Bill Mahan, my dad, built the house I grew up in with a hammer, a tablesaw, and his own two hands. Pop was also a professional welder and a good mechanic. From houses to minibikes, I never saw a building project or a repair that he wouldn’t tackle. As a woodworker and proprietor of Marietta Wood Works, I enjoy envisioning furniture or cabinetry projects to fulfill a need or want, putting digital pen to paper to work out the details, and then heading out to the workshop to coerce the project into being from a pile of lumber. Dream, design, do … repeat. This process gives me a great deal of satisfaction. When I can pass along some woodworking skills to someone of the next couple of generations, I enjoy the process even more.


Helen Mahan, my mother, grew up during the Great Depression with only two books in the house, a Bible and a dictionary. As a young girl, I think she decided that she would own as many books as she could afford. Thanks to my mother’s passion for books, and to the Readers Digest Book-of-the-Month Club, the house Pop built looked a lot like a library. My youthful passion for reading evolved into a desire to write. A few years ago, I published my first novel, An Irish Miracle, and the follow-on story is currently in the works. There is more information about this first novel, a few of my short stories, and more on what’s coming next at Rob Mahan Books.


From the calorie-based, subsistence societies of our hunter-gatherer ancestors to the fossil-fuel-based, burgeoning societies that started the Industrial Revolution, energy has, and always will be, central to the human condition. So central, in fact, that wars have raged over access to cheap and plentiful energy sources. Available and affordable energy, above the levels required to maintain subsistence societies, has enabled rapid advancements in science and technology, lifting countless humans out of hunger and miserable conditions in just the last one hundred and fifty years. Yet for all our advancements, humankind has not progressed far from our ancestors, who picked up sticks from the ground and lit them on fire to stay warm. Taking the long view, as fossil fuels are mined and consumed, they will eventually become too costly and too difficult to recover to any longer be a practical source of energy. Since the late 1990s, I have been a self-appointed advocate for space-based solar power. This technology was first discussed in the 1960s. A virtually infinite source of clean, non-polluting energy, access to space-based solar power is a massive engineering project away from being humankind’s primary source of energy. Dream, design, do … on a grand scale. There is more information about this game-changing energy source at Citizens for Space Based Solar Power.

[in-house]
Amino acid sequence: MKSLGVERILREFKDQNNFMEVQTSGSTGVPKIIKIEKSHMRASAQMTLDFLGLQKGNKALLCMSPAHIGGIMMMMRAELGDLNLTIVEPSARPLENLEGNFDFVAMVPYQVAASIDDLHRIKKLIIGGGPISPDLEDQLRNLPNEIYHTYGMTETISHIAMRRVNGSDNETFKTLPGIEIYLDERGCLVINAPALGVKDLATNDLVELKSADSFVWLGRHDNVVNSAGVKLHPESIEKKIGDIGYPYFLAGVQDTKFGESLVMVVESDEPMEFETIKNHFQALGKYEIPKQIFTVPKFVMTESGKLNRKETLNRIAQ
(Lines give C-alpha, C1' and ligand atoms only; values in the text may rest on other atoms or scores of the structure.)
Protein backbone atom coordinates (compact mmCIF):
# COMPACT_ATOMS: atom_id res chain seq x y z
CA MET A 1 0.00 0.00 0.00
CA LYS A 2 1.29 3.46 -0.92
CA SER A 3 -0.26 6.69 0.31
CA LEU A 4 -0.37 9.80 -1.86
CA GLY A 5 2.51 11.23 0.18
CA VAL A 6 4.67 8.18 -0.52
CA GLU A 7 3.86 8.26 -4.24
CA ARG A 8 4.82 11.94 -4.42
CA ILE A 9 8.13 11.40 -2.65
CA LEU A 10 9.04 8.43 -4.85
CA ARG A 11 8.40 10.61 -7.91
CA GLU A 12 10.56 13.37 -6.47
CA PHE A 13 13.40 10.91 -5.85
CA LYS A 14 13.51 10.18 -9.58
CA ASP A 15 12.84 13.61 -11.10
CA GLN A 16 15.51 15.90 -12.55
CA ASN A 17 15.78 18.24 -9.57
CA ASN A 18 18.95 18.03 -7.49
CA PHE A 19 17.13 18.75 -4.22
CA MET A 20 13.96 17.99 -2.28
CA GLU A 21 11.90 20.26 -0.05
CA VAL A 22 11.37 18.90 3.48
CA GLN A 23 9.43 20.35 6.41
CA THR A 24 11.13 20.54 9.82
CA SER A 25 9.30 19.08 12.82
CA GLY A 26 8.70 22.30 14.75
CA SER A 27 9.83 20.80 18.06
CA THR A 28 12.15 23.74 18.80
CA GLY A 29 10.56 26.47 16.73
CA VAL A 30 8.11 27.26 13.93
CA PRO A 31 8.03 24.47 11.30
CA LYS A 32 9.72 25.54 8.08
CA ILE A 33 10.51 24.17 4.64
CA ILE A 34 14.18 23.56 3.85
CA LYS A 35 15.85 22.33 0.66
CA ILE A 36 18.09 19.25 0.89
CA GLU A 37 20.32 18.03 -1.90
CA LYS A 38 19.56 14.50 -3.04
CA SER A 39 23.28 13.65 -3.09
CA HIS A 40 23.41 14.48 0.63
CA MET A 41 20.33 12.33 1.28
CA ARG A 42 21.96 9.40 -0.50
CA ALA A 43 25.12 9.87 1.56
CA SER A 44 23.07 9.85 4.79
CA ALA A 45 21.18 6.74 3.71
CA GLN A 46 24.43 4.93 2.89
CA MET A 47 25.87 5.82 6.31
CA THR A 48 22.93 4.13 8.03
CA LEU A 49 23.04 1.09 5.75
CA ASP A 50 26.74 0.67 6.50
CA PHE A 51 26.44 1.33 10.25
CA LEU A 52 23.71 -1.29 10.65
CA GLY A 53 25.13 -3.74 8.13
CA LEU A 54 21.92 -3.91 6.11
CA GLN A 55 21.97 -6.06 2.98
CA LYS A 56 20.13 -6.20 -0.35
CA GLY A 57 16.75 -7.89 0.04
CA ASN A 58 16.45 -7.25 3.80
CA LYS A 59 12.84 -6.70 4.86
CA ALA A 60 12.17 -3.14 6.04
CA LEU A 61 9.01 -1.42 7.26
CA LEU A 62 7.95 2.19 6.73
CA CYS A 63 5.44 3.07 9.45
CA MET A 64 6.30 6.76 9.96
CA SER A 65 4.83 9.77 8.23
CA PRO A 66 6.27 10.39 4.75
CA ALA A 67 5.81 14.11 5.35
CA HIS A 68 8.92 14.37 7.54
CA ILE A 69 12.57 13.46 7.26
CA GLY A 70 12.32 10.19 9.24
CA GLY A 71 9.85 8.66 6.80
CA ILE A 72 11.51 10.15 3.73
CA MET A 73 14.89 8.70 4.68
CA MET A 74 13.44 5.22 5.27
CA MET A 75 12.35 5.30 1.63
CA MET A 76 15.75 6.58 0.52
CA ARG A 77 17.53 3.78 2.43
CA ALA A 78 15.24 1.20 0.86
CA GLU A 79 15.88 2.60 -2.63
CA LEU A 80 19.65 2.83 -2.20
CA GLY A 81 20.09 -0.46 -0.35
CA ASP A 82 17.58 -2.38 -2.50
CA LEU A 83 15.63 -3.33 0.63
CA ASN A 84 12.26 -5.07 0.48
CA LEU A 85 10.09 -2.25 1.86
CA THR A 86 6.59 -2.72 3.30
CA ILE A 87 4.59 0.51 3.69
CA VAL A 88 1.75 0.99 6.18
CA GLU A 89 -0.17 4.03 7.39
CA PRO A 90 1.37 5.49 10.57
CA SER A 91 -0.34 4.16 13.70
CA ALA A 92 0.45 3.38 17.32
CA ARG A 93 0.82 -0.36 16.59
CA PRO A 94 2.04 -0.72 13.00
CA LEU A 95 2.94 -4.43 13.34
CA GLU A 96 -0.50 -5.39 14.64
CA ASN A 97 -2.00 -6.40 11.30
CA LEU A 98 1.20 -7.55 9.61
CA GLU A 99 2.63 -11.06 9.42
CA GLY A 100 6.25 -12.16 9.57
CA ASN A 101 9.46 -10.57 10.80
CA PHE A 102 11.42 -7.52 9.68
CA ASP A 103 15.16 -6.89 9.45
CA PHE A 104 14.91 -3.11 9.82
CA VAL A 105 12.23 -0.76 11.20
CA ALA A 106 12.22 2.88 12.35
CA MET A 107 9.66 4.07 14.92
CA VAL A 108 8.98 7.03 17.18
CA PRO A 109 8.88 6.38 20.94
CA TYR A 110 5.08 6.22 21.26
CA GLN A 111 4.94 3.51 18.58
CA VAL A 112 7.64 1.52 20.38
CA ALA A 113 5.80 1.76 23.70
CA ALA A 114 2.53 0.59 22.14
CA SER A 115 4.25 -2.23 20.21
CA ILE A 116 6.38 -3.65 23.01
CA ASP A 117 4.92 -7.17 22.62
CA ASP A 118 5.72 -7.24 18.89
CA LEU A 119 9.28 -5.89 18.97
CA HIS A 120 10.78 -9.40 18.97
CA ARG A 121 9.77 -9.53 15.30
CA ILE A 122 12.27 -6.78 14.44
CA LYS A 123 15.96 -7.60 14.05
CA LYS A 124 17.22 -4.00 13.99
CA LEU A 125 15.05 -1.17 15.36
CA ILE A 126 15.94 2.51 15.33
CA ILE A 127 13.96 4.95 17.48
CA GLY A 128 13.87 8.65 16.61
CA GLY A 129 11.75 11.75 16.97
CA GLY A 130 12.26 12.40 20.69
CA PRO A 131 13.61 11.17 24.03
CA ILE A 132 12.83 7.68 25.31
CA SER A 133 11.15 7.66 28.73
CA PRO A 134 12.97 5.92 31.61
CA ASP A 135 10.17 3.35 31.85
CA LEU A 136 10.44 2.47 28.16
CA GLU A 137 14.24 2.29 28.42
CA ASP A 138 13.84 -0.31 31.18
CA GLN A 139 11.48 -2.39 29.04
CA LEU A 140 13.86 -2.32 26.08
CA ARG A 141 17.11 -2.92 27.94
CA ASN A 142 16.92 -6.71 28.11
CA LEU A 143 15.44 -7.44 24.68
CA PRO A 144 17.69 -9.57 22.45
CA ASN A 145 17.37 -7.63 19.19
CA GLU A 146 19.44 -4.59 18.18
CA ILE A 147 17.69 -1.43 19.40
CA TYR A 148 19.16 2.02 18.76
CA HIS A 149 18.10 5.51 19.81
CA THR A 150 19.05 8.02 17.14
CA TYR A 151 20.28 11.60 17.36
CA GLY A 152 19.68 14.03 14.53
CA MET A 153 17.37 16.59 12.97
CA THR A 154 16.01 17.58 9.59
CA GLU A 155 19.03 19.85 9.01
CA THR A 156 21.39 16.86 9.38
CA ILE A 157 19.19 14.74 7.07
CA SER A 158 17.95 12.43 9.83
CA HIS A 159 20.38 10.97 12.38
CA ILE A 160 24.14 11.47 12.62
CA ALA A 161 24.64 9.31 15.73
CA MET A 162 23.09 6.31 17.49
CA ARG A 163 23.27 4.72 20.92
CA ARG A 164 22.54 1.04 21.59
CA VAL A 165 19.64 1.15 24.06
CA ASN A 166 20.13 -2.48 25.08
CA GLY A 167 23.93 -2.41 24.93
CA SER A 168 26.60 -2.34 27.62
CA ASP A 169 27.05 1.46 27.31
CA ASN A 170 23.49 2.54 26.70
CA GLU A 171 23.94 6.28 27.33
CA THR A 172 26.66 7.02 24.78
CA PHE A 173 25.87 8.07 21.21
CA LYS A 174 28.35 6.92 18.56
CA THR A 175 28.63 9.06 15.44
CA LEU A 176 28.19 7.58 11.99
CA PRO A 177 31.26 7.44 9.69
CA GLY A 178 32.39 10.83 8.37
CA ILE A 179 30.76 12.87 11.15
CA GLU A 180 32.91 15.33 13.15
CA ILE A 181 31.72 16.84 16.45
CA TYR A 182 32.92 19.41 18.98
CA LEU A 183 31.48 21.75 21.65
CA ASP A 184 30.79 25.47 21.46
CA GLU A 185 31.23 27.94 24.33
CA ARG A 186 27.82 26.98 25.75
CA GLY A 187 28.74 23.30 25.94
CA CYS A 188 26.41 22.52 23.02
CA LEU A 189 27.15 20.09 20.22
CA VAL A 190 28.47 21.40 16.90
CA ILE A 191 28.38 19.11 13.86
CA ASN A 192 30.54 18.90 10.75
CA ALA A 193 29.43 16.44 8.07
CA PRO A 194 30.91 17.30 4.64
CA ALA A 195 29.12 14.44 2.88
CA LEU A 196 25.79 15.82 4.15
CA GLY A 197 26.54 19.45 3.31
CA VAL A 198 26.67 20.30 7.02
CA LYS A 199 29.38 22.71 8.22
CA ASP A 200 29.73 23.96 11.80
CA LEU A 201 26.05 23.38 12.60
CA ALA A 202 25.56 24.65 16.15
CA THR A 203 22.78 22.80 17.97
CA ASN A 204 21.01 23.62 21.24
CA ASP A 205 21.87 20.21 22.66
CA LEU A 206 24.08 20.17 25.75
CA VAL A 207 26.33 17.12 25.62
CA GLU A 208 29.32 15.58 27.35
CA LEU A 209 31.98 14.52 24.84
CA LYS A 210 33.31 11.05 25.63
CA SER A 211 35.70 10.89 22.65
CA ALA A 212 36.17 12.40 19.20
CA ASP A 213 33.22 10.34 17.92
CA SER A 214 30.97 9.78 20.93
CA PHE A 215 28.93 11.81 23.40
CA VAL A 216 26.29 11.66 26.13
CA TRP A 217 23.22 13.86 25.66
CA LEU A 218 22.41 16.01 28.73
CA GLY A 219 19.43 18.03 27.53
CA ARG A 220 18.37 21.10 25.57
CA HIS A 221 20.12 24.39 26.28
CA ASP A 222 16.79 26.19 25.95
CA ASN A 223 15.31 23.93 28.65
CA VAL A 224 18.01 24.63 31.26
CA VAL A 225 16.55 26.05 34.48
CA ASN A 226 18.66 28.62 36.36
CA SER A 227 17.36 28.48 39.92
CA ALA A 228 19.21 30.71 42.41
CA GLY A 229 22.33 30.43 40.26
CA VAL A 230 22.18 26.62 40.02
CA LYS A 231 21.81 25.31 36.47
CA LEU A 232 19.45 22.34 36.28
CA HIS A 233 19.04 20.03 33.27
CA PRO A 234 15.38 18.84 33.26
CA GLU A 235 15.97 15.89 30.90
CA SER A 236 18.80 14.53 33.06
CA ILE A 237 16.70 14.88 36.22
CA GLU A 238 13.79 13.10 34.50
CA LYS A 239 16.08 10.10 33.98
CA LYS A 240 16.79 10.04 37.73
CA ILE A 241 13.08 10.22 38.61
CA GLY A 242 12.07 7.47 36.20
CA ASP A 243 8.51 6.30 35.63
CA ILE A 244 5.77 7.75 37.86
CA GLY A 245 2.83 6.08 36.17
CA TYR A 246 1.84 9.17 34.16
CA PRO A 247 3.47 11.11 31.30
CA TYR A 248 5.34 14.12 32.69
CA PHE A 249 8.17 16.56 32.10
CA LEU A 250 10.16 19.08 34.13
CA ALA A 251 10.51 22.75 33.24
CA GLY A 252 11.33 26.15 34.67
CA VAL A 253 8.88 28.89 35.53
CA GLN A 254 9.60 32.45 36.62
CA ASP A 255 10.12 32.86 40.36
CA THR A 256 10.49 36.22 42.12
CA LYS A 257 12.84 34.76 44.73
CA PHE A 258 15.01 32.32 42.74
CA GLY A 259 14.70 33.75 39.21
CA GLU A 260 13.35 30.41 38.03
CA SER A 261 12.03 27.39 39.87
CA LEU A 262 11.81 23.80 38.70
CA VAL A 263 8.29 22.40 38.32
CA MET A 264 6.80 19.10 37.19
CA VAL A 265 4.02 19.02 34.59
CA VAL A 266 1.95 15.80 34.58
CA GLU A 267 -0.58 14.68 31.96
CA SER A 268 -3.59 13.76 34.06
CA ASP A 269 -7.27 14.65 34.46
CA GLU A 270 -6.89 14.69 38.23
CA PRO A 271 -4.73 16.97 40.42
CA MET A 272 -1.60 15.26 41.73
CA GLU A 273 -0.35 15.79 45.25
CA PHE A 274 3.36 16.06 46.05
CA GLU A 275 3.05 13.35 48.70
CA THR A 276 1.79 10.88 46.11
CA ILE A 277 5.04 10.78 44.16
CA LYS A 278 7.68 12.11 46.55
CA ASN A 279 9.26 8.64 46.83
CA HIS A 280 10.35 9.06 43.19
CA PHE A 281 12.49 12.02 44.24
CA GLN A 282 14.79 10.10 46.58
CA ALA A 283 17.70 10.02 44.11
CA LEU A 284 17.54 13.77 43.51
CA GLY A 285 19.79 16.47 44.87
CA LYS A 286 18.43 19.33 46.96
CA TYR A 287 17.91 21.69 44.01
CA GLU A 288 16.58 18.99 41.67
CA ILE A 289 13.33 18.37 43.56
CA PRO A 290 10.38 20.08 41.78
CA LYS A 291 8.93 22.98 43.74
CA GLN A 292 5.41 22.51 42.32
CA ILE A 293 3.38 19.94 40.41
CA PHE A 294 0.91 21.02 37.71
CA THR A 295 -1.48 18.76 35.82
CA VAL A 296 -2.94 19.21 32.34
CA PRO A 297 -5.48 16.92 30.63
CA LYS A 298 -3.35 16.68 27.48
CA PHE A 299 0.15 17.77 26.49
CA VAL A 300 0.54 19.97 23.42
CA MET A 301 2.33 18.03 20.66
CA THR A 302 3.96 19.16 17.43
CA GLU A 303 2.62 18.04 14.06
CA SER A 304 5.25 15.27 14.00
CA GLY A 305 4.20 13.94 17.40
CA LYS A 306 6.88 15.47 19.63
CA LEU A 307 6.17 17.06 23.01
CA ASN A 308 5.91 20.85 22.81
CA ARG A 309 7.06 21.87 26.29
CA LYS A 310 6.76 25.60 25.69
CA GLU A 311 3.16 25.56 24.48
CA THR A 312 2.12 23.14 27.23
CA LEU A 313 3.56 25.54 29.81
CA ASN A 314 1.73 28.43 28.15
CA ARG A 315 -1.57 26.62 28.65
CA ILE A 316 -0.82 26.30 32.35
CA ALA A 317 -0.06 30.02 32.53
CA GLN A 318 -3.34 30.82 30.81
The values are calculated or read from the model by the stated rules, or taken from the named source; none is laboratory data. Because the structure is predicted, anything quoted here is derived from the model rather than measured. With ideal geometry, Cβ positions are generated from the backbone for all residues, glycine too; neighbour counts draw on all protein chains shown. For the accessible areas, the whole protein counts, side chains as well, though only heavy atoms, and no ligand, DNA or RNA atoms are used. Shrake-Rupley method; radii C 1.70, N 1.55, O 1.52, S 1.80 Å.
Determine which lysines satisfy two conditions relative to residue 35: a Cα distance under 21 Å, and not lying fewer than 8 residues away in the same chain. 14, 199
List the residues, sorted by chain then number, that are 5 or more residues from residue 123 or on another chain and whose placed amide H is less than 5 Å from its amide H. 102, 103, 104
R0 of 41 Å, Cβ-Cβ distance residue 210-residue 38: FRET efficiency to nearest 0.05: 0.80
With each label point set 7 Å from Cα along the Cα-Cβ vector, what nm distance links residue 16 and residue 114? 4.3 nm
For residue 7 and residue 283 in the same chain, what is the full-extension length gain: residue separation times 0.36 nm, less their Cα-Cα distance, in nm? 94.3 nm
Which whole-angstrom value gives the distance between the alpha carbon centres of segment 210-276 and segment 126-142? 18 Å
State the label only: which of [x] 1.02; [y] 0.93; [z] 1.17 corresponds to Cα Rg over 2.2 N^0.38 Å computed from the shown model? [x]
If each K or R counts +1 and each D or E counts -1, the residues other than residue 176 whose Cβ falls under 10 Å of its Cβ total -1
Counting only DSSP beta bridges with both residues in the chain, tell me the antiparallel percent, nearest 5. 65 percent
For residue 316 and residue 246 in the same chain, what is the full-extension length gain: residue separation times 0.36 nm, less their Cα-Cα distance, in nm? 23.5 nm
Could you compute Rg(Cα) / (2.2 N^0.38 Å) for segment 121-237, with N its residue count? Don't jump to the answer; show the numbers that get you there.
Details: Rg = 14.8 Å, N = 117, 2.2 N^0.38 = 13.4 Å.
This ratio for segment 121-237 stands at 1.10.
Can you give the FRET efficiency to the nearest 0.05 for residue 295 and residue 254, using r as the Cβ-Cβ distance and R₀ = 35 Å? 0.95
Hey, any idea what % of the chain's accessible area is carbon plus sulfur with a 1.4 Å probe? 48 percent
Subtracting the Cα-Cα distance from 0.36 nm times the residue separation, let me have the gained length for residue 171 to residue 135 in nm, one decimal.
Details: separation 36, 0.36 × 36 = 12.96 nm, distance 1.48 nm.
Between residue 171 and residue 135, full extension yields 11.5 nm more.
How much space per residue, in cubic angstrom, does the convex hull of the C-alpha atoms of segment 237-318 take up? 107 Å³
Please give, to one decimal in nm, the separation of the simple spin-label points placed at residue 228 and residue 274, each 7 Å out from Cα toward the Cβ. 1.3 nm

When too much tennis started to bother my knees, Linda and I bought a couple of Marin bicycles and took advantage of the Silver Comet Trail, a rails-to-trails non-motorized pathway running from near Atlanta all the way to the Alabama state line. We took our bikes with us to California, and wore out the Marins riding up and down the Pacific coast. The replacement Treks came to Michigan with us, where we have to haul them to access the non-motorized Border-to-Border trail nearby. The country roads around us carry a lot of farm traffic, have little if any shoulders, and just aren’t safe or relaxing for bicyclists. When an opportunity came up to help with a group promoting the construction of more non-motorized pathways in and around our community, we volunteered to help. After the first year, our non-profit group has made a great deal of progress toward our goal of healthy, active, and connected communities. There is more information on our project, our progress, and ways you can help at the Huron Waterloo Pathways Initiative.